Landing not far away was William Young, also of Patterson, with elements of the 82nd Airborne that captured St. Mere Eglise, the first French town to fall to the allies.

Shortly after landing, Hicks was pinned down by two soldiers who were exchanging fire in the darkness, bullets whizzing right over his head. He never learned whether the combatants were really enemies or were training “friendly fire.”

According to Marshall’s book, Hicks was with Lt. Bernard C. Bucior’s patrol that afternoon, moving along a sunken road concealed by a hedge. It was one of three patrols trying to capture the village of Haut Fornel, whose defenders were reinforced by remnants of an ambushed German artillery convoy.

The patrol approached an orchard and a stone wall when a sharpshooter’s bullet tore a hole in Bucior’s shoulder. The men silenced the sharpshooter with grenades. Though bleeding heavily, the lieutenant refused evacuation.

The patrol – six members of the 101st Division and one from the 82nd who’d picked up a German weapon – continued on the road and reached an intersection. There they spotted two squads of Germans advancing across a field directly toward them.

“Standing erect, they let the crowd have it with machine gun and Schmeisser,’ Marshall writes. “When Matthews’s gun ran dry, Hicks took his place. Two squads of Germans were cut down and did not move after they fell.”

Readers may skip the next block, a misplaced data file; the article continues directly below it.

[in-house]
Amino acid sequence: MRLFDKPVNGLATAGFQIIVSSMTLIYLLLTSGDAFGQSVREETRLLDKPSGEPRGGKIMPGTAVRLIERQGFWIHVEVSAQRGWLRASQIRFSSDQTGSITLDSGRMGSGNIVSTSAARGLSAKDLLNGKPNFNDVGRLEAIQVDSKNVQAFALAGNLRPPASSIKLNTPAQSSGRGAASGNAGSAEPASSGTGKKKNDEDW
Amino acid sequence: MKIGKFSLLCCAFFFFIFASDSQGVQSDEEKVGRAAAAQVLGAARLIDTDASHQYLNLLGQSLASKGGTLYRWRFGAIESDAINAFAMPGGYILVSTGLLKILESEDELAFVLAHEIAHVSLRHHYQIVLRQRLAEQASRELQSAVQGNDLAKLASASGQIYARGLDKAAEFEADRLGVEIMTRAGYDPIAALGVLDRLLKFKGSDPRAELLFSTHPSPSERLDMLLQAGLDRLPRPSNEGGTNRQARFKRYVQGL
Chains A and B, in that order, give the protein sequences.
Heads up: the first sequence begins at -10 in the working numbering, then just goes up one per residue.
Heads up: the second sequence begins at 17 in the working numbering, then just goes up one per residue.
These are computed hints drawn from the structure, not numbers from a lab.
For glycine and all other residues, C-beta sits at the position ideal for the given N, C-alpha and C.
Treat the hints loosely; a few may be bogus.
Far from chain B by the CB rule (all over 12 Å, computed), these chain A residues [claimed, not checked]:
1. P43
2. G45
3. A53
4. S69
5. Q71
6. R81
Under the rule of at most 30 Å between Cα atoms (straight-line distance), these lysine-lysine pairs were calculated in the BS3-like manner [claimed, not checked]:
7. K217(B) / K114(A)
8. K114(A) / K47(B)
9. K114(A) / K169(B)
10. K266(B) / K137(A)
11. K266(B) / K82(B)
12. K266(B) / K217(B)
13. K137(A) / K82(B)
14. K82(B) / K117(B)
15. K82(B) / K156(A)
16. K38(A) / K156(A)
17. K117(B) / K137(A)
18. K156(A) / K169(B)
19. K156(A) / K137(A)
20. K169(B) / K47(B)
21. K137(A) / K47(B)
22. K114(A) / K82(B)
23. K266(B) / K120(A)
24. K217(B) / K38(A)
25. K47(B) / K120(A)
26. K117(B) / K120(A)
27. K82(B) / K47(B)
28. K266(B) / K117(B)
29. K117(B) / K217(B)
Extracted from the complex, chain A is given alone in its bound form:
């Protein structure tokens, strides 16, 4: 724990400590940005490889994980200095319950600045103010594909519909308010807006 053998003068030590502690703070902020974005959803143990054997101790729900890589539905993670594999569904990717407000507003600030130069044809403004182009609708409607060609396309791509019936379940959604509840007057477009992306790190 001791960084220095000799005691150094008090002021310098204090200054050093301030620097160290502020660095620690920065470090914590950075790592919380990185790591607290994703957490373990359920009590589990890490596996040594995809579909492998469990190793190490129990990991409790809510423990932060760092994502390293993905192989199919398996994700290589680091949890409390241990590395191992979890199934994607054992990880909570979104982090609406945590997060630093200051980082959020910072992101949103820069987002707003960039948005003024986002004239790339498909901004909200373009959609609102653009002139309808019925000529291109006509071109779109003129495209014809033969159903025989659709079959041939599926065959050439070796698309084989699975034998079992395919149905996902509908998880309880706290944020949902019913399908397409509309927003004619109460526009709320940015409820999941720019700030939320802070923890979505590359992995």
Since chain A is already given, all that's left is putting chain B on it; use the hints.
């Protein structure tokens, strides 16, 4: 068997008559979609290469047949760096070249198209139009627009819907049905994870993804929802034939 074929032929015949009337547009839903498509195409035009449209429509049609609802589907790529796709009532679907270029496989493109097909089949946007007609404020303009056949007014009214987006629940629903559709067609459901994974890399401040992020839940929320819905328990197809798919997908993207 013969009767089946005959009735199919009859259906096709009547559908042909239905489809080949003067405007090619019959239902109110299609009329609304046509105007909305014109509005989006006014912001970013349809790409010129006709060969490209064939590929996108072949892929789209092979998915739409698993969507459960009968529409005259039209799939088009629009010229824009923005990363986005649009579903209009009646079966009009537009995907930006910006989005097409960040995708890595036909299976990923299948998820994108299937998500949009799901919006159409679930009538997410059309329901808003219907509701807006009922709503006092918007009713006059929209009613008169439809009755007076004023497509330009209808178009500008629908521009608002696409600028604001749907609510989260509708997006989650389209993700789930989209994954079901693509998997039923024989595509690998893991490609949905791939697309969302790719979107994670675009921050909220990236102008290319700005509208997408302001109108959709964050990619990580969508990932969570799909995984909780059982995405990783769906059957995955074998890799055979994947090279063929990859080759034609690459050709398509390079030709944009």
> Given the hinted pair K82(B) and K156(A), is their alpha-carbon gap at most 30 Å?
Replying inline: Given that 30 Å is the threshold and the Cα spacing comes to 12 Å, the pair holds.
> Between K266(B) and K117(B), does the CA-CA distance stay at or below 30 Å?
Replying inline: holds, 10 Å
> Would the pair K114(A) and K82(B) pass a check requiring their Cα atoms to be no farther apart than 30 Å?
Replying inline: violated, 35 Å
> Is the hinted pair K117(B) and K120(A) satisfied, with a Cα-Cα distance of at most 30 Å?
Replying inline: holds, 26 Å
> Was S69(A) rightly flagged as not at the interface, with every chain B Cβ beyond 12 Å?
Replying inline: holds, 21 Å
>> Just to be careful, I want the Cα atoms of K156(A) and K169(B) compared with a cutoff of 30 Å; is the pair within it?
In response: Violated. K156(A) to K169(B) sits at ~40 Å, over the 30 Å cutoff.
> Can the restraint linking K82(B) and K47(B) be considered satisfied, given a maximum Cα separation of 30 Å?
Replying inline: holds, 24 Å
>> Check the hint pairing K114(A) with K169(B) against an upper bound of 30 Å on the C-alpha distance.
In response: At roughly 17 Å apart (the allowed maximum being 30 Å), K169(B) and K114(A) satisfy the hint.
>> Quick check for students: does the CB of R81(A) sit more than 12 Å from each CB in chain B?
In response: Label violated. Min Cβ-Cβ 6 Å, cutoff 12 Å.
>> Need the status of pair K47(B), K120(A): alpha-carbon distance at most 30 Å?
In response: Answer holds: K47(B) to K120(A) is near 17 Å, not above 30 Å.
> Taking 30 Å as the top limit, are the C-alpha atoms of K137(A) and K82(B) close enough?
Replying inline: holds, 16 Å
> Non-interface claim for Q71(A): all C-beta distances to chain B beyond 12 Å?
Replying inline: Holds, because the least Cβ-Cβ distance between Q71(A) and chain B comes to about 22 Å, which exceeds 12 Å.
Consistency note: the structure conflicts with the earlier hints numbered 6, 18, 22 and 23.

The patrol remained at the spot for 10 minutes, when their location was discovered and mortar shells rained down on the road. Hicks caught a machine-gun slug in the leg. Bucior and four others were wounded by bullets and fragments; only one man was left uninjured.

The soldiers resolved to retreat, but Hicks lay on the road and said he couldn’t move his leg. “You better damn well move it, or you never will again,” Pvt. Bernard Ormsbee is quoted as saying.

Ormsbee pulled Hicks to his feet and shoved him forward, an act that probably saved his life. Without the aid of medics, they limped to a nearby farm where Hicks, unable to go on, crawled underneath a house. One soldier stayed with him and they were evacuated when allied troops secured the area.

The others, described as a ghastly sight, made their way to a hospital on the beach. The lieutenant, wound in seven places, vanished along the way and was never found.

Hicks spent six weeks in the hospital, and recovered to take part in the airborne operations in Holland, where he was again wounded.

Despite being involved in harrowing combat, Hicks remained patriotic and never questioned the allied course, Irene says. A friend adds, “Those guys had to be tough. He took the positive points of his experience and it showed in the way he lived the rest of his life. He came back to Patterson and married his sweetheart and became a successful farmer. He had a lot of gumption and a lot of dedication to his wife and his family.”

Carlson’s story also noted that two other Pattersonites, Gracian Iturreria and John V. Azevedo, also took part in the Normandy invasion.

PI editor/publisher emeritus